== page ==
Screen flow of the appointment scheduling feature including all the possible entry points and results based on the type of appointment and availability of specific doctors

Screen flow of the appointment scheduling feature including all the possible entry points and results based on the type of appointment and availability of specific doctors

Creation of Development User Stories and Supporting Artifacts

Highly detailed development user stories were created for each feature. 

I worked closely with the on-shore solutions architect to validate the details and size of each story prior to sprint planning meetings with the dev team. Stories were modified and/or broken down as needed.

Each story was linked to supporting artifacts:

  • Wireframes with final copy integrated
  • Screen flows to visually document feature logic
  • Style guide and UI comps (if applicable)
  • Other supporting documents as required


iOS styleguide broken down into design system components with comps done for screens with more unique design elements

iOS styleguide broken down into design system components 

with comps done for screens with more unique design elements

UI/UX Guidance

As a natural extension of my role as product owner, I assisted in guidance of our UX and UI resources as necessary. 

Method used to capture UX and UI for the dev team:

  • Wireframes were developed using a three-level atomic design system to create atoms (elements), molecules (reusable collections of atoms), and organisms (collections of molecules)
  • Wireframes were created for each screen and state of the screen
  • Final copy was captured within the wireframes, eliminating the need for a copy deck, to make the dev process more efficient
  • Screen flows were created for each feature
  • Wireframe annotations were captured within development user stories using JIRA
  • UI styleguide was created based on the atomic design system
  • UI comps were created only for screens that could not be easily created using the styleguide
  • Styleguide and comps were stored within Zeplin so the dev team could access measurements and assets as needed

Agile scrum sprint board used to manage development progress, also referenced during daily stand-ups

Agile scrum sprint board used to manage development
progress, also referenced during daily stand-ups

Guiding Agile Scrum Development

In my role as product owner I was responsible for guiding the development team on execution of the experience vision.

This includes, but was not limited to:

  • Leading daily stand-ups, sprint planning and sprint reviews
  • Answering or facilitating answers to story questions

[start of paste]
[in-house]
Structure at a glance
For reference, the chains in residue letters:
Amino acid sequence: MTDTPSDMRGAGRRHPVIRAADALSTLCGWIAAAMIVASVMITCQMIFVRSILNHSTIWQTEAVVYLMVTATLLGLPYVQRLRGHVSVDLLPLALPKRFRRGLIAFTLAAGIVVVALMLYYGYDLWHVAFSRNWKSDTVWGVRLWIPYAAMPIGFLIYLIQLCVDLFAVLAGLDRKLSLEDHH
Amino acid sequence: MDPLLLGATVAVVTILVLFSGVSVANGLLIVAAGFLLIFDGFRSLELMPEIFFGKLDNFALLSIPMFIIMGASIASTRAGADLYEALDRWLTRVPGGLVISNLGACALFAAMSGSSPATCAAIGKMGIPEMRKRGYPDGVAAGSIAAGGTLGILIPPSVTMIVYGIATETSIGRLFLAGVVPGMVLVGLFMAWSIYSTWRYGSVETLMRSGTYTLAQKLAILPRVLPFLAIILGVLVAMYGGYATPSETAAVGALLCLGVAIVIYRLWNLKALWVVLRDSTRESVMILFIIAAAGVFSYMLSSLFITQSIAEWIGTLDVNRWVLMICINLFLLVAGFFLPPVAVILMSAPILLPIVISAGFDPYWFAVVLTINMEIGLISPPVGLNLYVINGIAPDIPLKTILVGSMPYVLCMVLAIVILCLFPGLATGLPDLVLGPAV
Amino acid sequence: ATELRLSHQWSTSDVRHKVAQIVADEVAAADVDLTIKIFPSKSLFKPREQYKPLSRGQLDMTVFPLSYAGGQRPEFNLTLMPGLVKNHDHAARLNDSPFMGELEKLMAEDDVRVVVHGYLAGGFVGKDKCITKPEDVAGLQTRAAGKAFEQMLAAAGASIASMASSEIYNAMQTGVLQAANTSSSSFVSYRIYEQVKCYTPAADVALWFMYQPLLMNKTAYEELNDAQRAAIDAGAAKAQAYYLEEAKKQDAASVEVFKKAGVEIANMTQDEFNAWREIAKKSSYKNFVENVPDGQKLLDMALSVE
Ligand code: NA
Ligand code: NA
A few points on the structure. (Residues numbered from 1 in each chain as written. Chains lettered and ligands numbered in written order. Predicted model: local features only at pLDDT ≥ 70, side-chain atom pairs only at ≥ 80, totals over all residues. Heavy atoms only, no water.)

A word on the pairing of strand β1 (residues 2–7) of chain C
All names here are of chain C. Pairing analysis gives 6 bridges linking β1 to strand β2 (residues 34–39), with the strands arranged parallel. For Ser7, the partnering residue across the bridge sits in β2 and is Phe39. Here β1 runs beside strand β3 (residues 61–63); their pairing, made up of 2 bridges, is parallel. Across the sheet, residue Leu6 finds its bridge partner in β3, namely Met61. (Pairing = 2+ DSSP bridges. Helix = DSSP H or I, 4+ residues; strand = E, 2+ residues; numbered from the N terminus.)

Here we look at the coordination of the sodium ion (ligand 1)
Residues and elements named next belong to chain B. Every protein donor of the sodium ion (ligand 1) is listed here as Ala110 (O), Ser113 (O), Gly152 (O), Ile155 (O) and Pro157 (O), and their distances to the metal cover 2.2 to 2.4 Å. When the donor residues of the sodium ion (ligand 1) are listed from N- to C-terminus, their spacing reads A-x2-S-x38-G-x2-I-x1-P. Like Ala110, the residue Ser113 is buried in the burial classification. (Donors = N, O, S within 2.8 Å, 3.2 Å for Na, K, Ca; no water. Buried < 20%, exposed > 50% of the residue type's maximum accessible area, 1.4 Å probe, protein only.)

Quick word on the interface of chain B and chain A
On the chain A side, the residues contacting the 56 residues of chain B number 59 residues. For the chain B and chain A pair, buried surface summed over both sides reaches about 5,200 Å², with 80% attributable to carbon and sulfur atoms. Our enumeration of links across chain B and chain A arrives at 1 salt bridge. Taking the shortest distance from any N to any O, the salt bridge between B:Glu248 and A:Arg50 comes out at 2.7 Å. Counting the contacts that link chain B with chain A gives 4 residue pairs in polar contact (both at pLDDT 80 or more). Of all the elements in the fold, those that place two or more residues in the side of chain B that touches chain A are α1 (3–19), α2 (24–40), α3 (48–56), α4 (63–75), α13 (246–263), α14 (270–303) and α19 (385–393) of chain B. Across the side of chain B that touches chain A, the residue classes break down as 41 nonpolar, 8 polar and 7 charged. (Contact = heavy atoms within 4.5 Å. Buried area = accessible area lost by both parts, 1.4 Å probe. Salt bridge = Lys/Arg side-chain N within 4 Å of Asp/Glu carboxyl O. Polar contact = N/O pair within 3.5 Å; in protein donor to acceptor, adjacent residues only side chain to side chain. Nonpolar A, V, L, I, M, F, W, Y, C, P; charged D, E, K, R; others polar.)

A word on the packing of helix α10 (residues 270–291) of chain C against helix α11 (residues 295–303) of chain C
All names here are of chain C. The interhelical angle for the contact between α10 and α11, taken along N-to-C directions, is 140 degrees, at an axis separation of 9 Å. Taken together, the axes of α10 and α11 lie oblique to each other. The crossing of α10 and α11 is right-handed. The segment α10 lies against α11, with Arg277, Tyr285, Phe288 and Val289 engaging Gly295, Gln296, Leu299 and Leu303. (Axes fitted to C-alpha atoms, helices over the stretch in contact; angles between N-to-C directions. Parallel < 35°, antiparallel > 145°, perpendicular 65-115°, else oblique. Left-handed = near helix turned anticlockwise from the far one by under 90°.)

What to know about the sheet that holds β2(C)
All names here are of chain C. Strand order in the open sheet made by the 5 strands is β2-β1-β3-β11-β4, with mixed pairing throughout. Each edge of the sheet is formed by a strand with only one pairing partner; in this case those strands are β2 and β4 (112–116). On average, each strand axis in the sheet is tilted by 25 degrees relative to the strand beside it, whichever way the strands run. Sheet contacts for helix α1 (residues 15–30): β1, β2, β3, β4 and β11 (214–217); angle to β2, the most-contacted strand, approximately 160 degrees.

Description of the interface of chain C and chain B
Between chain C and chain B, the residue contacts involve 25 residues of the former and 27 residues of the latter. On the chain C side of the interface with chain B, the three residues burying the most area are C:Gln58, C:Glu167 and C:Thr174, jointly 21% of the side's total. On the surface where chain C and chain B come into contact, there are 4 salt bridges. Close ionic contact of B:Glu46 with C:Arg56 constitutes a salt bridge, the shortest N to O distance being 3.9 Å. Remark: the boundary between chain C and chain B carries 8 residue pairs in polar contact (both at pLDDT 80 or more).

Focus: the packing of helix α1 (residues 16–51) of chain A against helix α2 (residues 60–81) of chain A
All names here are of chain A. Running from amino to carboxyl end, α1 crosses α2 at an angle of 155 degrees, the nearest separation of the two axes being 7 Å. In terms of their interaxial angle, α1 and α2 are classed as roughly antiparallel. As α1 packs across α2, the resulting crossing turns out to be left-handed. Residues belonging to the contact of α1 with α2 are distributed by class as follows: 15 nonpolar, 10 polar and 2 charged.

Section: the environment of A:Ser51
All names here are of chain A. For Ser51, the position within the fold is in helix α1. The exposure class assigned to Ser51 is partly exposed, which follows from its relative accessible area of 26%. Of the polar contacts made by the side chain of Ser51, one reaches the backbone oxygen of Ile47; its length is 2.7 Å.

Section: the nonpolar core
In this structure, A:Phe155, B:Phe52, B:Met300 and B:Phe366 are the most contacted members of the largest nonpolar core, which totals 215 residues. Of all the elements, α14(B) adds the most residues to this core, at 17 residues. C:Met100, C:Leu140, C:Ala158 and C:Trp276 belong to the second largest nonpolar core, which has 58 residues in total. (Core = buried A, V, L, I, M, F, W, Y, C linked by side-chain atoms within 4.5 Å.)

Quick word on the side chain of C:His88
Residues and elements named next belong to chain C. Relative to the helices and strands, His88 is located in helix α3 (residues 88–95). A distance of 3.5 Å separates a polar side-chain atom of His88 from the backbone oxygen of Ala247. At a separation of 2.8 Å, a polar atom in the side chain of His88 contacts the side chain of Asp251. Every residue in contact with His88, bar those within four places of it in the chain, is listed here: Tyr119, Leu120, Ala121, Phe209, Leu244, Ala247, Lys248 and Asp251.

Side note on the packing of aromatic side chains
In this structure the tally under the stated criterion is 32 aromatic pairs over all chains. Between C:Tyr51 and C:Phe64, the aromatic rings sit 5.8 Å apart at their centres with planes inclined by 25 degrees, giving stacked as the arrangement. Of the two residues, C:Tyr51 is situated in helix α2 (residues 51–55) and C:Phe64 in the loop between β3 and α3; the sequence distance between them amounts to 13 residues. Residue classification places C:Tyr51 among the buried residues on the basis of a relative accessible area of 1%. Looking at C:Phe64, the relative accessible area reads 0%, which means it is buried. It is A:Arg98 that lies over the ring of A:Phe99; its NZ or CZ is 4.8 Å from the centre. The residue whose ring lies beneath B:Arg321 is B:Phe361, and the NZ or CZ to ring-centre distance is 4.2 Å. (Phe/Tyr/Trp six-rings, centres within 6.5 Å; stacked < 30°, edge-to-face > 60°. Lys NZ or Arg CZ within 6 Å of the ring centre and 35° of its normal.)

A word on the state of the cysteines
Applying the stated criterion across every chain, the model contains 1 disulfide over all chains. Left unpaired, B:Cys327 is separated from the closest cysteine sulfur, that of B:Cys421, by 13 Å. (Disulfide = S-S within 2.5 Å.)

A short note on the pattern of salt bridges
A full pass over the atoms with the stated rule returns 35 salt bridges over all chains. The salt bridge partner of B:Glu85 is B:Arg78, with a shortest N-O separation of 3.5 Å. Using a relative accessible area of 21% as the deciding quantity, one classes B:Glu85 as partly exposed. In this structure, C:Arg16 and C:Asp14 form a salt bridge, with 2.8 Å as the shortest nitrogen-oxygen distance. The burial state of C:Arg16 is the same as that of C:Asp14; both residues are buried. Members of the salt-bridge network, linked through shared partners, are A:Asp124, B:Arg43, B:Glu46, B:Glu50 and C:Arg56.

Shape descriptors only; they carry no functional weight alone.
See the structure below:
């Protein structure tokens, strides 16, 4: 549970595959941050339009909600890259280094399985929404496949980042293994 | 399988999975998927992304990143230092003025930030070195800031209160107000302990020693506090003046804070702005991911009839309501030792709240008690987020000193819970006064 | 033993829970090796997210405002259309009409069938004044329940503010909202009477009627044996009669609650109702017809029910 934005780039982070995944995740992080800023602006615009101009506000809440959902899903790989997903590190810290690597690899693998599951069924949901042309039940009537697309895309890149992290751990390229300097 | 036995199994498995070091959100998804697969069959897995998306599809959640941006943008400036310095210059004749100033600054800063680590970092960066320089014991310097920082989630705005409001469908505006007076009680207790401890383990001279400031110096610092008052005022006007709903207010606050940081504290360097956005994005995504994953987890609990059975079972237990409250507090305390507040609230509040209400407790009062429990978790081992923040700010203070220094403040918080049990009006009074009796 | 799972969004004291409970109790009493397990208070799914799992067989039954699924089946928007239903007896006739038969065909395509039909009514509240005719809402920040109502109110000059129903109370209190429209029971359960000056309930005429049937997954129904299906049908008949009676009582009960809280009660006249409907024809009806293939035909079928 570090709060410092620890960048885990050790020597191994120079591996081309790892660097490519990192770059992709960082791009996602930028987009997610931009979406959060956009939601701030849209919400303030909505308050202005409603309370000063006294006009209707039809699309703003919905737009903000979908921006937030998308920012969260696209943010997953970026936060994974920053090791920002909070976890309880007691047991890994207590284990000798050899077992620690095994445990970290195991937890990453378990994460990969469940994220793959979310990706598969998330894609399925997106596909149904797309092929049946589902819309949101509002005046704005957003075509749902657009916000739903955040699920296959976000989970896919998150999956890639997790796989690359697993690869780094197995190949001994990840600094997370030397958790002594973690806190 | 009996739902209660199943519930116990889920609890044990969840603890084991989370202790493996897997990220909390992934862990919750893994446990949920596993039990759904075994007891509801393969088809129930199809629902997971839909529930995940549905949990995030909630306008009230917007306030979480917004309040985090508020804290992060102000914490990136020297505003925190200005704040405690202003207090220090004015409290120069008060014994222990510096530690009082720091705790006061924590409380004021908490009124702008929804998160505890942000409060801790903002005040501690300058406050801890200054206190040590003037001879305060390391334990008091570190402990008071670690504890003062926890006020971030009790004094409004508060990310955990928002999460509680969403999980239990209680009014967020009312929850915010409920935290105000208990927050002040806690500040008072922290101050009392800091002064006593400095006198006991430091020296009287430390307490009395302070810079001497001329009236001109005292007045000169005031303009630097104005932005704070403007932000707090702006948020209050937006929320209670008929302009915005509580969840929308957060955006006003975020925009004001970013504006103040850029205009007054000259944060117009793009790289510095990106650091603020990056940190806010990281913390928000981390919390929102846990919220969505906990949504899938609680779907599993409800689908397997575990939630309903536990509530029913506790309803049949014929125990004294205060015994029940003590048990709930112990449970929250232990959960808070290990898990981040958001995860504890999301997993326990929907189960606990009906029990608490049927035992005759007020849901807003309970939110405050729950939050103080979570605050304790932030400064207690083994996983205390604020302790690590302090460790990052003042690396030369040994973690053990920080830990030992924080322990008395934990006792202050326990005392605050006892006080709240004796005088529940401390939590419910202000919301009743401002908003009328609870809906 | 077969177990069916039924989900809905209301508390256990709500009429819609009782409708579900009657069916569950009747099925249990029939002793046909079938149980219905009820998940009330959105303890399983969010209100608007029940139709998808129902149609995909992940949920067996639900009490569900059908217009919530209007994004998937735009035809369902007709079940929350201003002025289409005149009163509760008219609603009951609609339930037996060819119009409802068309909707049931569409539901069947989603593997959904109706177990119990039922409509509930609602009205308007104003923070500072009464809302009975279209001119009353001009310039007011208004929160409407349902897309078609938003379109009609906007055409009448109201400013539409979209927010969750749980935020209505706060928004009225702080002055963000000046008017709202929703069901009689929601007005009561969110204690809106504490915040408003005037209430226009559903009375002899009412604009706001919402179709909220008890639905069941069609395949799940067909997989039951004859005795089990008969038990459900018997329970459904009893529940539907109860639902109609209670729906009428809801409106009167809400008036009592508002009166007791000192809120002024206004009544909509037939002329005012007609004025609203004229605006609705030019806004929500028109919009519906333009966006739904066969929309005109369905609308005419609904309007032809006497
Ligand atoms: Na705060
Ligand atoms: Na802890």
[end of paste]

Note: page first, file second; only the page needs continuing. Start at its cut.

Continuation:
• Final acceptance testing of user stories
    • Our "definition of done" required my testing and acceptance of each story, task and spike
  • Smoke testing on release candidates

Lessons Learned

Though we had a large amount of time for the project there was an equally large amount of work. An aggressive timeline and constant unknowns made the project challenging each day.

  • Agile scrum is tough in an agency environment
    • When there is a fixed cost, fixed scope and fixed timeline there is no room for ill-defined requirements and the inevitable scope creep that results
  • Rapid design sprints need a foundation of fully fleshed out technical feasibility evaluations and feature definitions
    •  In the absence of this, design review meetings turn into forums for the client team to discuss and identify gaps that brings design iterations to a halt while answers are found
  • The right people with the proper titles need to be in the room when feature discussions happen 
    • Ideally these people are identified and engaged earlier in the project and prior to implementation of features that will affect the daily workflows
  • Features are best developed when broken down so that each sprint results in a deliverable portion of the product
    • By attempting to implement full epics during a sprint, those epics were often not completed and would span multiple sprints, making it impossible to calculate team velocity


Conclusion

Regular retrospective meetings and team adjustments helped immensely, but unfortunately some problems were baked into the SOW and instead became lessons for future projects.

100k+
Patient users of the app post-launch
30%
Reduction in customer support
10+
Sprint retros to continue evolving as a team
100
Cups of coffee